WordPress.com is finally giving its bloggers the opportunity to earn a little revenue from their well-crafted words, and taking a jab at Google simultaneously.
Introducing WordAds, a Side of Bitterness
The WordPress.com blog has revealed a new feature of WordPress.com -- WordAds. WordAds will allow bloggers to monetize their blogs with advertising, something that has long been requested by WordPress.com users. WordPress.com is partnering with Federated Media to provide the functionality.
The announcement is big news. Tens of thousands of WordPress.com blogs are created daily. (Yes, most of them are abandoned by week two, but let’s put that aside for now.) Many of these writers eventually have large followings, but no simple option for capitalizing on the value of their content. However, the marketing value of adding a new, widely requested feature was not enough for the WordPress.com team. They “took it up a notch” and attacked Google AdSense. The WordPress.com announcement didn’t waste time on pesky details like features or a product description. Instead, it shifted between user flattery like,
As a WordPress user you’re breathing rarefied air on the internet: the Creators, the Independents. Creative minds aren’t satisfied being digital sharecroppers on someone else’s domain, and you want to carve out your own piece of the internet and have a space that you’re proud of because it’s so… you.”
and competitor jabs that would make TMZ or Larry Ellison proud such as:
We’ve resisted advertising so far because most of it we had seen wasn’t terribly tasteful, and it seemed like Google’s AdSense was the state-of-the-art, which was sad. You pour a lot of time and effort into your blog and you deserve better than AdSense.”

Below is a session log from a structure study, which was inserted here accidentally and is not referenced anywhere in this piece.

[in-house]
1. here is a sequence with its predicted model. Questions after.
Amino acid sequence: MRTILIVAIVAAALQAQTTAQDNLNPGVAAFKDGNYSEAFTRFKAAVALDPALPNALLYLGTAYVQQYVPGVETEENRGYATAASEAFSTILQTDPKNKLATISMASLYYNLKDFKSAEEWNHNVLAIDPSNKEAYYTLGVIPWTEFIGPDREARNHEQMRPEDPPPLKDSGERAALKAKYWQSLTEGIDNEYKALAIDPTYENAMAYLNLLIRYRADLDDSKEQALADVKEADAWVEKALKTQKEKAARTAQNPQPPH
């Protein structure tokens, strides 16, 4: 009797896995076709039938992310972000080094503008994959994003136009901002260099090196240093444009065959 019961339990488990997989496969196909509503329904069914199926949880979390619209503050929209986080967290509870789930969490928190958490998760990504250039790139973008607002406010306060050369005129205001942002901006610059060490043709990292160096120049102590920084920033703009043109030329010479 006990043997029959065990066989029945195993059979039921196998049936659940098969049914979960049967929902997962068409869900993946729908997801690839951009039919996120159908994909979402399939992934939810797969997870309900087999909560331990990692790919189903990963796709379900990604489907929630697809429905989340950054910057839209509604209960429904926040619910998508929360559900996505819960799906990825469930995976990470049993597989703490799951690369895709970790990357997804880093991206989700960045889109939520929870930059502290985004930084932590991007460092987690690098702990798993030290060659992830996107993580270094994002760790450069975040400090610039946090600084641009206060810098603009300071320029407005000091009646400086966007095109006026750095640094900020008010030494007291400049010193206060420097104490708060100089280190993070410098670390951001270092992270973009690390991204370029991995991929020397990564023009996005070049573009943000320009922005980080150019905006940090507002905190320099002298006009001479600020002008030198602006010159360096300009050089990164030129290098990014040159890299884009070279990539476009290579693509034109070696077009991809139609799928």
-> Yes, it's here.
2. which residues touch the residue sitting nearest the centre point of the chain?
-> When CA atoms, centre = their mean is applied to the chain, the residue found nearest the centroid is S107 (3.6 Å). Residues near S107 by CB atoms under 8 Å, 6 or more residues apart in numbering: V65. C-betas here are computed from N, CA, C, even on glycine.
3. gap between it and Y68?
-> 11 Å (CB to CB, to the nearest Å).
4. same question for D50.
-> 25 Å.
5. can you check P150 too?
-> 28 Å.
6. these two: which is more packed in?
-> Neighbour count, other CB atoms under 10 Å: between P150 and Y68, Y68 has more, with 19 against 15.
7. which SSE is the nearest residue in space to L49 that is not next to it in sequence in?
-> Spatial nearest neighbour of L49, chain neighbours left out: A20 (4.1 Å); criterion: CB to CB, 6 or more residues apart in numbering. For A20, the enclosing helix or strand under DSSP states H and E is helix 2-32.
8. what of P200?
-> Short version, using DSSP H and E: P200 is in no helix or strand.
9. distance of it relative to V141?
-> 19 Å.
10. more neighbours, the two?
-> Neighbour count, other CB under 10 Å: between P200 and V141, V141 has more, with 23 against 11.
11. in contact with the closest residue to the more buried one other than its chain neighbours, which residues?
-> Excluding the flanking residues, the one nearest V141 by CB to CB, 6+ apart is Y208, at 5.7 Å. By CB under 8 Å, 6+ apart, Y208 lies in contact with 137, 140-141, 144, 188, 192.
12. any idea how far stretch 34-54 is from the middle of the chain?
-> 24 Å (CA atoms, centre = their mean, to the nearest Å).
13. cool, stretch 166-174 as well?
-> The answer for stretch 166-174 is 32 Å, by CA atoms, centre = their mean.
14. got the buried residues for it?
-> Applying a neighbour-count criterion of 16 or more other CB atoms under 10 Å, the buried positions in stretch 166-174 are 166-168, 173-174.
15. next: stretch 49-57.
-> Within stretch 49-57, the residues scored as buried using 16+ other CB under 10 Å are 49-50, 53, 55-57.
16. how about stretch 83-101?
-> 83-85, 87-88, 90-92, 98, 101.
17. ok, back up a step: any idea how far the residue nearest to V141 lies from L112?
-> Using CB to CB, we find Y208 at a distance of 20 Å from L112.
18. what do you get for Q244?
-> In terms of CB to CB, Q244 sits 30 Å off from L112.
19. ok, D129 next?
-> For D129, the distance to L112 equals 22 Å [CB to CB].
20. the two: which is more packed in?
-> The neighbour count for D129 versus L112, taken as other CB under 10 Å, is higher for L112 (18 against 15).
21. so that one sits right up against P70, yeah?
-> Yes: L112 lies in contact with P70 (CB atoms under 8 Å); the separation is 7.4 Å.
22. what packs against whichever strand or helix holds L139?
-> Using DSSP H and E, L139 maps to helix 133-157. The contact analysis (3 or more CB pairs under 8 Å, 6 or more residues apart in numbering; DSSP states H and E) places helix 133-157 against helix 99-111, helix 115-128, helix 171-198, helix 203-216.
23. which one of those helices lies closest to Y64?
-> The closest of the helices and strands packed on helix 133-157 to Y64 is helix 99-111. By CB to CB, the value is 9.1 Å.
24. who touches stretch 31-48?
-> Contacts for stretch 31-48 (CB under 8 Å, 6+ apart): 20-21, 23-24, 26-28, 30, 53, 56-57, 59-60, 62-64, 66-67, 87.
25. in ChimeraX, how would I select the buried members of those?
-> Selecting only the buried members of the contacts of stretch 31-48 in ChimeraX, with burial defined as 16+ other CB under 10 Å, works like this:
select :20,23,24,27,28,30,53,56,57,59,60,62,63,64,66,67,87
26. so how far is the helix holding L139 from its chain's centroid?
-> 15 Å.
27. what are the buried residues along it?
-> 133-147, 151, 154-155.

I sincerely hope this is not the future of technical product releases.
Getting Into the Program
WordPress.com is accepting applications now. Completing the application does not enroll users in the program. It just signals interest. In another nod to celebrity culture, the program doesn’t just let any old blogger participate. It’s exclusive. According to WordPress.com, the selection process will be based on level of traffic, content and language used on the blog. Additionally, the blog must be public and have a custom domain, which costs US$ 17 per year.
There is a lot of chatter on Twitter about the announcement. Predictably, more is about the “beef” between WordPress.com and Google than the actual product, but all press is good press, right?